In what will likely boost hopes for a swifter, and stronger, post-COVID tourism recovery than many have anticipated, Mr Mara told Tribune Business: “CBP is prepared to handle the increase in passenger travel for the summer and beyond.
“Our seat recovery numbers, we’ve estimated by the end of this summer, will be at 70-75 percent of pre-COVID levels,” he disclosed. “That’s a tough number. The October 2018 to September 2019 fiscal year, we saw a significant increase in passenger volume. We did over 1.4m passengers departing for the US, a 16 percent increase over the previous fiscal year.
“We at CBP, we were the highest rate of growth in travel throughout pre-clearance..... Our projections are for a recovery to 70-75 percent of the numbers were were doing.” If that forecast is achieved, it would place The Bahamas on track to achieve a rate of around 1m US departures on an annual basis by the time the summer travel season ends in September.
Mr Mara said CBP’s projections were based on bookings, forecast load factors and other data provided by the airlines that service The Bahamas from the US. He added that the agency had met with the commercial aviation sector back in Spring “to get a good handle on their projections for the summer season”.
Acknowledging COVID-19’s devastating impact on the Bahamian tourism industry, the main driver of employment and economic activity, he added: “We stand ready to facilitate travel and the return of the tourism sector.....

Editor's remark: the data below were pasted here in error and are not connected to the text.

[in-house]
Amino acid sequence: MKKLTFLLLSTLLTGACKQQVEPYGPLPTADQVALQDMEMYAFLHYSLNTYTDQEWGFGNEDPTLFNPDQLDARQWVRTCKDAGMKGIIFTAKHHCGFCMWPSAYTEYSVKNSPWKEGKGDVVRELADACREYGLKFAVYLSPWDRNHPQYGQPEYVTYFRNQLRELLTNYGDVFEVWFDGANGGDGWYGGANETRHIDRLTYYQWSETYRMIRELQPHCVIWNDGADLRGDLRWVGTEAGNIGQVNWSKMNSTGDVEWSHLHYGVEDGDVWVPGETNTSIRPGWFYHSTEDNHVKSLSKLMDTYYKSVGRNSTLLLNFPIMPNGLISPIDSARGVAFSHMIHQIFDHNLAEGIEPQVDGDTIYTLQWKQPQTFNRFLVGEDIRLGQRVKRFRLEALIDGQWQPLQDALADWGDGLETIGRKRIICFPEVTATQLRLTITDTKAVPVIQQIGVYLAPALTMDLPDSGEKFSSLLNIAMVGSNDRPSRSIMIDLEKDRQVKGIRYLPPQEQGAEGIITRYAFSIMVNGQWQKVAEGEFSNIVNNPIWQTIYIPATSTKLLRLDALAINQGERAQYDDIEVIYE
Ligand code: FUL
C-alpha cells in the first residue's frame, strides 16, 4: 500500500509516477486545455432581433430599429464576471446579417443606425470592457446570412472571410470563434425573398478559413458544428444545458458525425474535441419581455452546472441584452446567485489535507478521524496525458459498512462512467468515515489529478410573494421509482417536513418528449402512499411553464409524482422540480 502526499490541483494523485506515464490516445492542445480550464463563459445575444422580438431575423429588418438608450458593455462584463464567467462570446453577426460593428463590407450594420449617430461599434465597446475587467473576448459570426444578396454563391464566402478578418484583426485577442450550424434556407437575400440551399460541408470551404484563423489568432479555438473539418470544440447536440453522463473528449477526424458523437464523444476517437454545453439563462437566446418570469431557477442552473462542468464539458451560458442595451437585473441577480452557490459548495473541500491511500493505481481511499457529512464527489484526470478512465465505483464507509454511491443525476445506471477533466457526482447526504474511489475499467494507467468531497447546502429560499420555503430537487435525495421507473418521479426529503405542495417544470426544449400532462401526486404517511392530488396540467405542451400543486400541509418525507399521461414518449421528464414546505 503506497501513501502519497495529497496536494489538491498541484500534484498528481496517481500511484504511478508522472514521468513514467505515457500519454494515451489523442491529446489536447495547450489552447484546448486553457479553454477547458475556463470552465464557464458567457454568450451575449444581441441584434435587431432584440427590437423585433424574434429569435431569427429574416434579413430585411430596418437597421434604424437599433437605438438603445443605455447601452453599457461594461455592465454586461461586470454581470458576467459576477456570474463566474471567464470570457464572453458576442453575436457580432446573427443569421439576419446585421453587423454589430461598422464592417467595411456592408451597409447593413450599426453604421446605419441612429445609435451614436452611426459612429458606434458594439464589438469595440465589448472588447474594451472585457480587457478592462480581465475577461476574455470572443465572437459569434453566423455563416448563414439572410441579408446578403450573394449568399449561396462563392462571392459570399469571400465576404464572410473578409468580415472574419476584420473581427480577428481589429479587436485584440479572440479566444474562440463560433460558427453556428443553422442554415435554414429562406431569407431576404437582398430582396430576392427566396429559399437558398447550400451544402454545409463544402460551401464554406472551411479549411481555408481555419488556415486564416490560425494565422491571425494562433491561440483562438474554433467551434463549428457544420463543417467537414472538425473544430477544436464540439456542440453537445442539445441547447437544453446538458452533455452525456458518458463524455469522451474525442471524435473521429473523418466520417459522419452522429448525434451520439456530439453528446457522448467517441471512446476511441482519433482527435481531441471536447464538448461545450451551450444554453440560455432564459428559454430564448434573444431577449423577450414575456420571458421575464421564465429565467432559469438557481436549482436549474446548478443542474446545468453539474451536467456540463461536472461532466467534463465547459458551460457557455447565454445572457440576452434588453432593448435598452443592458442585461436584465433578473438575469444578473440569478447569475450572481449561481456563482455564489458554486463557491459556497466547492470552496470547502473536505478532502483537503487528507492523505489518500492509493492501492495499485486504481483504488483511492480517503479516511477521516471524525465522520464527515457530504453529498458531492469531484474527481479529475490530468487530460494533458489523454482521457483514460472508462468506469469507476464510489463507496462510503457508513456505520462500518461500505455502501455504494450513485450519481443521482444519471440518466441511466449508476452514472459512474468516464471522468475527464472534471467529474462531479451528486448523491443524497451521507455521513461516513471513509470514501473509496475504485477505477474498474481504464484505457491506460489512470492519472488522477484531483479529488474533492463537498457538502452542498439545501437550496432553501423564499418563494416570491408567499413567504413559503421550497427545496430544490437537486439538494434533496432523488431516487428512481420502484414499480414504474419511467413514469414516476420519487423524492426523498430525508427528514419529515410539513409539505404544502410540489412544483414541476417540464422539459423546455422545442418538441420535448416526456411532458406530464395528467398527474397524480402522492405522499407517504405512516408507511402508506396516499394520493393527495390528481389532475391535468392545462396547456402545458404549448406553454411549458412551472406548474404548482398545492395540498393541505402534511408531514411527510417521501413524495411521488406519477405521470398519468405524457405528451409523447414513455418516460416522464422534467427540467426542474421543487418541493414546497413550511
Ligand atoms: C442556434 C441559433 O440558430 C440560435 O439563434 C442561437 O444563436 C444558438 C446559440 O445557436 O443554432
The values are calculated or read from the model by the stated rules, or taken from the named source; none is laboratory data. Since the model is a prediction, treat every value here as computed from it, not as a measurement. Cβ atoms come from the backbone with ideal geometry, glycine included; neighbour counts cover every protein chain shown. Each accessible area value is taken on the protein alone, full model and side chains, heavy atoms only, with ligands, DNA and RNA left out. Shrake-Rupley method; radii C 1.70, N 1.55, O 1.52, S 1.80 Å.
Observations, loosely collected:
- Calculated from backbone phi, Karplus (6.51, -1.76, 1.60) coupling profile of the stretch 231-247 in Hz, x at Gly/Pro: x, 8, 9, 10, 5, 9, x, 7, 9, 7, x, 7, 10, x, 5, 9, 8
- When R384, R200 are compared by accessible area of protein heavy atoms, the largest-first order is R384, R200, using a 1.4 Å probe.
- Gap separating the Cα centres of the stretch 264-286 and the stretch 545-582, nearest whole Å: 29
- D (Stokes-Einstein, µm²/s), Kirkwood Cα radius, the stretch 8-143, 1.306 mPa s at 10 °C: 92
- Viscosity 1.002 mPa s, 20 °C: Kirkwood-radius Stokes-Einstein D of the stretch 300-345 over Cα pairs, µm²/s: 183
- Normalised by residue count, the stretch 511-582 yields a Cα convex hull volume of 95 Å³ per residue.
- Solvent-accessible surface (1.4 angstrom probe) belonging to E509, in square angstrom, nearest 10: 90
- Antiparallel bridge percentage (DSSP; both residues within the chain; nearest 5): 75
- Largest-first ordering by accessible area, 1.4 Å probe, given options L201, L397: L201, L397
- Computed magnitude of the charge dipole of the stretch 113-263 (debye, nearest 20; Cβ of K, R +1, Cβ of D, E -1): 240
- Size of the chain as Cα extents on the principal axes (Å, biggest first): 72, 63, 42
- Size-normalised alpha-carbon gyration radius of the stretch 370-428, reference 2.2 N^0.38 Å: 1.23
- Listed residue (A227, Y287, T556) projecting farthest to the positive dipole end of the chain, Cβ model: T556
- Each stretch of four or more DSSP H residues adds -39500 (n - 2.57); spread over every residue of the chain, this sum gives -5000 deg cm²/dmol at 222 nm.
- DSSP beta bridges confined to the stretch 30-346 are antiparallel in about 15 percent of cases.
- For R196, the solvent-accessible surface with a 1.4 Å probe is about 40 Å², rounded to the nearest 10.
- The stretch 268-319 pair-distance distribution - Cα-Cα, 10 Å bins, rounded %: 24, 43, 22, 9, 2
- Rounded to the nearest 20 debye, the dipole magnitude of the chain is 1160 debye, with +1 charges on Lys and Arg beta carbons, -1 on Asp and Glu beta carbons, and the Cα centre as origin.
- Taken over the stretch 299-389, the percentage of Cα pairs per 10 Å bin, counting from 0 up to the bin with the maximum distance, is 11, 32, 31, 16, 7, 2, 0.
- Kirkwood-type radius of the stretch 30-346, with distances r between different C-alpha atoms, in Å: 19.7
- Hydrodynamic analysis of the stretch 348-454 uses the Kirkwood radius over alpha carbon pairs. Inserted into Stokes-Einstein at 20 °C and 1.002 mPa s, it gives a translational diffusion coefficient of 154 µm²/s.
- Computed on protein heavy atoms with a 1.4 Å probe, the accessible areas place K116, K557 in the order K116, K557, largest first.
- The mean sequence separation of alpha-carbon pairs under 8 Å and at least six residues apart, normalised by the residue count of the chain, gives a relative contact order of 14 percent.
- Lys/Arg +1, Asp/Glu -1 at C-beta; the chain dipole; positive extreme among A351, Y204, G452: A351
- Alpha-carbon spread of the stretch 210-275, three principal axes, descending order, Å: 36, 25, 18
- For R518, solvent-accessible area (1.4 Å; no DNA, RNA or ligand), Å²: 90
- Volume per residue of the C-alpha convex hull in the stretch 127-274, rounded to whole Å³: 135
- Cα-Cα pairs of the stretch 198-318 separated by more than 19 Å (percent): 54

“Let there be no mistake about it: Operational planning is a year-round effort. At the micro level, we take into account each and every day, but on a macro level we look at travel moving forward.”
Addressing Mr D’Aguilar’s concerns, Mr Mara said that “based on the steady recovery of the airlines we secured officers from other locations with pre-clearance field officers, Canada and Ireland, to come here to The Bahamas and help us through this busy summer season.
“They’ve been on the ground from June 6. There’s a short-term and a long-term solution to this. The longer term is to return the staff we deployed back to CBP. We went down by a small number of the staff. A good portion of them will be returned. It just takes some time to get them back on the ground.”
Mr Mara declined to give numbers on how many temporary officers have been assigned to Nassau, along with a figure for how many were redeployed from The Bahamas last year, plus current manning levels at LPIA.
He explained that CBP, like most government agencies throughout the world, was challenged by the loss of user fee revenue when international travel ground to a halt for much of 2020, forcing it to reduce staffing levels at LPIA.